[Show abstract] [Hide abstract] ABSTRACT: Anhedonia has been mainly reported as a symptom of depression and cognitive impairment in Parkinson's disease (PD) patients. Here, we investigated whether hedonic tone depends on depression and clarified its relationship with the cognitive performance of PD patients with different mood disorders. In 254 patients, we assessed hedonic tone using the Snaith-Hamilton Pleasure Scale, depression severity using the Beck Depression Inventory, and cognitive performances using the Mental Deterioration Battery. A structural psychiatric interview was used to diagnose major depressive disorder (MDD) and minor depressive disorder (MIND), according to the DSM-IV-TR criteria. PD patients with diagnosis of MDD were more anhedonic than those with MIND and those without depressive disorders. Reduced hedonic tone correlated with depression severity in patients with MDD and no depressive disorders. In multivariate models that consider depression severity and cognitive performances together, anhedonia was related to increased depression severity and episodic memory (auditory-verbal learning) impairment, in patients with MDD and with increased depression severity and attention impairment in patients with no depressive disorders. In patients with MIND, anhedonia did not correlate with depression severity or any cognitive performance score. Our findings suggest that anhedonia is related to depression severity and specific cognitive performances in patients with MDD and with no depressive disorder. By contrast, the reduced hedonic tone in patients with MIND is independent from depression severity and cognition. Thus, anhedonia in PD is a heterogeneous and multidimensional phenomenon and require investigation at different levels.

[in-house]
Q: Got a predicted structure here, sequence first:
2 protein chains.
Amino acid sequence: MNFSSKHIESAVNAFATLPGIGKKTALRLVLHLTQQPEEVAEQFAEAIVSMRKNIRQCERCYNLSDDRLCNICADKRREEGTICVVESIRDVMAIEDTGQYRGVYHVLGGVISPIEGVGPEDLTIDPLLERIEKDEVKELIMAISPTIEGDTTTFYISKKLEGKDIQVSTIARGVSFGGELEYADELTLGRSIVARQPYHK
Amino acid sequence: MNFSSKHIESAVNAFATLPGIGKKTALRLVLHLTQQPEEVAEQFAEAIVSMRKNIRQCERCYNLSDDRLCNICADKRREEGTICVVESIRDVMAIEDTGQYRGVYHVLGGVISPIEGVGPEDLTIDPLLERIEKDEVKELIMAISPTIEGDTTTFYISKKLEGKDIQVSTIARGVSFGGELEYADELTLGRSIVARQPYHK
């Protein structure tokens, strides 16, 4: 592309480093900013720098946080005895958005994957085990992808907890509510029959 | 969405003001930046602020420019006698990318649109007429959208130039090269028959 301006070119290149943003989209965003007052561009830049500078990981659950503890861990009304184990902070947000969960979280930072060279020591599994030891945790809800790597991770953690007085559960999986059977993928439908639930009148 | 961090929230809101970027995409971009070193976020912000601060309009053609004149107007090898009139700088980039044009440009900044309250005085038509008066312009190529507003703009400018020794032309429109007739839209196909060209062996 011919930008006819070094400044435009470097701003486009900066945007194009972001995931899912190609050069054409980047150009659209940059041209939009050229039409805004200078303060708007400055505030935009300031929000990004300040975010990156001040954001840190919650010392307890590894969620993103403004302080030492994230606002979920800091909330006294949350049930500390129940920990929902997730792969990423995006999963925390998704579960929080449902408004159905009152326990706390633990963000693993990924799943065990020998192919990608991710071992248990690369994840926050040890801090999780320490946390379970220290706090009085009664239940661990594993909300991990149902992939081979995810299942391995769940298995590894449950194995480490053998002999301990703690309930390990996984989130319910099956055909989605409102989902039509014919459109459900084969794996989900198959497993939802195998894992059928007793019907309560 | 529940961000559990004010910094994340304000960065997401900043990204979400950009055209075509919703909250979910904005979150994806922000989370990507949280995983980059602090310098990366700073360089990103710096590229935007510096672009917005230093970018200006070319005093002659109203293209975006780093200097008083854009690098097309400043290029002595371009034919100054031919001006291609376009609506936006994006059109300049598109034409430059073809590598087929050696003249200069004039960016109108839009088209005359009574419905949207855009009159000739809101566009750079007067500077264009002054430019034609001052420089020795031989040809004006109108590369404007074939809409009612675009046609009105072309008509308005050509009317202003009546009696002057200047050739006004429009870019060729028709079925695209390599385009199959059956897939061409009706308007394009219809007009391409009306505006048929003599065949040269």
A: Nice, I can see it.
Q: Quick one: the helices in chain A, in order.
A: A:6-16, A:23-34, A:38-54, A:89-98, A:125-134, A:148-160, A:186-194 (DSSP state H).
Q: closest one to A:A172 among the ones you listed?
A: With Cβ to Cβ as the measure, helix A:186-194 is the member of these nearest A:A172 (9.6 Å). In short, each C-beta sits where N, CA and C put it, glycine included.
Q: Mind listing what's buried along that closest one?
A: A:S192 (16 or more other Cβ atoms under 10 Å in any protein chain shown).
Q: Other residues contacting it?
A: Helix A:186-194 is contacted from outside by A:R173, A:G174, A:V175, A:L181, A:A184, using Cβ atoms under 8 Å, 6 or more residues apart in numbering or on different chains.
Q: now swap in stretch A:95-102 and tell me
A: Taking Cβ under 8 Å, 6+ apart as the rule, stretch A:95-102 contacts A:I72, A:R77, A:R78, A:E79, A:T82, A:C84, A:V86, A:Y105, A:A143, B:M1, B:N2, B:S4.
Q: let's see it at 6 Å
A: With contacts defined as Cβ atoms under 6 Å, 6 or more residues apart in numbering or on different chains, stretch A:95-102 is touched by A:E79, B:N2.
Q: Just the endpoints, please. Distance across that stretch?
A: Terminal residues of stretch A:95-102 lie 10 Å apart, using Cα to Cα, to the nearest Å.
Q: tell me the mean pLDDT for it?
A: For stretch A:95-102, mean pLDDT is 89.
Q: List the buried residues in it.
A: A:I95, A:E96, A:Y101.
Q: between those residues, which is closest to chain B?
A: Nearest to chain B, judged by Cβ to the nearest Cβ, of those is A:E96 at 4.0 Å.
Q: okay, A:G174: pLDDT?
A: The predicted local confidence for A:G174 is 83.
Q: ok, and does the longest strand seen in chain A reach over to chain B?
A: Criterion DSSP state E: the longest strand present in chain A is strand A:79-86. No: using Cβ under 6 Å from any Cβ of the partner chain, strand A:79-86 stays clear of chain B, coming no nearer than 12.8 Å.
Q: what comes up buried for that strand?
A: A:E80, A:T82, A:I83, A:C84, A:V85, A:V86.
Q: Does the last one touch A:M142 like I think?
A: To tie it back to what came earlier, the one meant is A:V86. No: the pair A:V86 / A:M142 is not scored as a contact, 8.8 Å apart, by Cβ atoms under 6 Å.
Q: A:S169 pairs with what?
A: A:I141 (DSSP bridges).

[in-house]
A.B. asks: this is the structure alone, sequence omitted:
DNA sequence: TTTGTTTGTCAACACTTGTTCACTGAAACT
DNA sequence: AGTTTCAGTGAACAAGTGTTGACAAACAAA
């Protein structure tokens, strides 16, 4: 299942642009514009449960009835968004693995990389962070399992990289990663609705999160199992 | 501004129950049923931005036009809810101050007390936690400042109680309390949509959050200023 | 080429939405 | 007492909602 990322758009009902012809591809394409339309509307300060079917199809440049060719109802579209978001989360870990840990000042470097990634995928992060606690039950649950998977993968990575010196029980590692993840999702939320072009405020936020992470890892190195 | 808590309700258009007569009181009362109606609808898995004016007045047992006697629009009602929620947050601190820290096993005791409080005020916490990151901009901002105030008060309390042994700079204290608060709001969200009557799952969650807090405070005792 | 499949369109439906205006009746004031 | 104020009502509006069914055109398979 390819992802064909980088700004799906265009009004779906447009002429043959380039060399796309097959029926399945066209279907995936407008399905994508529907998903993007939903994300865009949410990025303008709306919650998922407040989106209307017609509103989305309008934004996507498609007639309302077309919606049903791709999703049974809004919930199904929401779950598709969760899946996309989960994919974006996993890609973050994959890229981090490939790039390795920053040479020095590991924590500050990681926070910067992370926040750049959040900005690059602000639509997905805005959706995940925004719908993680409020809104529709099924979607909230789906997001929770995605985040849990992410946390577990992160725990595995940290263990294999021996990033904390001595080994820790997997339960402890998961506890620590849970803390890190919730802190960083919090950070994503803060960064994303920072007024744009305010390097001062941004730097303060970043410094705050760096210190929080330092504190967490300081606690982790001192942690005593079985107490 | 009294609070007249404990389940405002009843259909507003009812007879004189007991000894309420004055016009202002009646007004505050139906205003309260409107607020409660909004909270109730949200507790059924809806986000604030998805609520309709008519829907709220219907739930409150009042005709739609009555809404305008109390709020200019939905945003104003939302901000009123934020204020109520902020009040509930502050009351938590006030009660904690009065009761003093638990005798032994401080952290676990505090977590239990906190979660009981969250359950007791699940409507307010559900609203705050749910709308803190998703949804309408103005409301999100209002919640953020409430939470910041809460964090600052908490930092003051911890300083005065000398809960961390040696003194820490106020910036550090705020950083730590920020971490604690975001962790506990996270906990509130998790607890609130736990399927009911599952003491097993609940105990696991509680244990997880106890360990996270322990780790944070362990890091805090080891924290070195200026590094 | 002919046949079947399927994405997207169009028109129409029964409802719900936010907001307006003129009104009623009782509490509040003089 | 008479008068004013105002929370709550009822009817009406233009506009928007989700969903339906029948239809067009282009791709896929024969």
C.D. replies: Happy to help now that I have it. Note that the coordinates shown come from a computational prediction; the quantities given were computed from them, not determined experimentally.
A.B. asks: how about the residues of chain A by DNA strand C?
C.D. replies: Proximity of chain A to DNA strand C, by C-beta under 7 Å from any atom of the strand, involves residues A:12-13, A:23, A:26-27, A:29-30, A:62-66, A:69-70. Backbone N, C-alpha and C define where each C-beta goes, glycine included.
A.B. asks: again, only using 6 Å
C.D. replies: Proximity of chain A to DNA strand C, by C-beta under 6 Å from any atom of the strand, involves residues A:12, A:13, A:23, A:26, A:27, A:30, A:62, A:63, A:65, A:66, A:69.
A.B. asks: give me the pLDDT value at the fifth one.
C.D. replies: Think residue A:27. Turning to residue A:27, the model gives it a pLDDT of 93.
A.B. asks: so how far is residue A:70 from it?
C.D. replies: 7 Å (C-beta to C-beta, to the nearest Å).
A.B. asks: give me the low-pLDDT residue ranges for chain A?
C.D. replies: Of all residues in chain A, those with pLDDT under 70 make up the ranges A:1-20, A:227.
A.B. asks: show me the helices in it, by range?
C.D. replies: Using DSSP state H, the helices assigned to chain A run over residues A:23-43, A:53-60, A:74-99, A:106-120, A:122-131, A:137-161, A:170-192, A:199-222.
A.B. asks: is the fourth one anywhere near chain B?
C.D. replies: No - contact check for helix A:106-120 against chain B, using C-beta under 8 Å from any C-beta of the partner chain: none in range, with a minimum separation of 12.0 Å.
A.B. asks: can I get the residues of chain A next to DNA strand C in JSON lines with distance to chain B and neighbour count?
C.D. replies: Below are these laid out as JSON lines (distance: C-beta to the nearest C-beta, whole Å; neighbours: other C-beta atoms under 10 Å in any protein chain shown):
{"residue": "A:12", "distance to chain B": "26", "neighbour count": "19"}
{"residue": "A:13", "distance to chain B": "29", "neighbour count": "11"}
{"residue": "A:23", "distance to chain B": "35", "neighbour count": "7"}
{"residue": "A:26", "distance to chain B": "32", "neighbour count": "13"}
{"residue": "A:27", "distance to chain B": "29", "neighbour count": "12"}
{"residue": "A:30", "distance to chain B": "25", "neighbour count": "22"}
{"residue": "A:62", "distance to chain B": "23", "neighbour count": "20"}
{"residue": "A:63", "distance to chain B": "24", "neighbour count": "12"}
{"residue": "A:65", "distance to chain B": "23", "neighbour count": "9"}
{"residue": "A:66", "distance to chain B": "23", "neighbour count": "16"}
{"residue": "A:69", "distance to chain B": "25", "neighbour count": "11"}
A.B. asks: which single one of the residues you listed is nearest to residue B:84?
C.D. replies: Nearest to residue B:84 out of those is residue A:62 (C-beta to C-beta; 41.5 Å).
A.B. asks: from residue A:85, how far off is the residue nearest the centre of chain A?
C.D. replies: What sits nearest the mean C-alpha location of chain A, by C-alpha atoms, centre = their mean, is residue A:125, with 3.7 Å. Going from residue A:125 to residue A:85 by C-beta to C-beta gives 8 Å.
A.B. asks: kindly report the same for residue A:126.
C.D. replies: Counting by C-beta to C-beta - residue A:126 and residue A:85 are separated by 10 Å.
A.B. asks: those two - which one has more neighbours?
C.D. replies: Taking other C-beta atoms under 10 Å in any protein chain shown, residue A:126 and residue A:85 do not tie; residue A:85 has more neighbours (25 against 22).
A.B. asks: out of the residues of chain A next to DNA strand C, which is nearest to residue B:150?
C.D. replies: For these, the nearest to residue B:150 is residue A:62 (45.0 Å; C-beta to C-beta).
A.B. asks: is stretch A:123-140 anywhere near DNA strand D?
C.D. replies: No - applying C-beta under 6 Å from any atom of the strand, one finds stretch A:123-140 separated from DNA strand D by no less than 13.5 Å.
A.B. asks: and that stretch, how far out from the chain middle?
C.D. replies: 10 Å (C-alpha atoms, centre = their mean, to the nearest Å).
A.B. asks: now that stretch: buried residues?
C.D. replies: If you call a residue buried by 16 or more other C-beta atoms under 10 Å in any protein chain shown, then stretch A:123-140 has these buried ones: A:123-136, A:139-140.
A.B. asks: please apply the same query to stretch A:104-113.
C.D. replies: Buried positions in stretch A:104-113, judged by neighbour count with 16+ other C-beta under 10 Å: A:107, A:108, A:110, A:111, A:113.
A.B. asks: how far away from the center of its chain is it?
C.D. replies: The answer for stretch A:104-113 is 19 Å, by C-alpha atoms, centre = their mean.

Full-text · Article · Jan 2013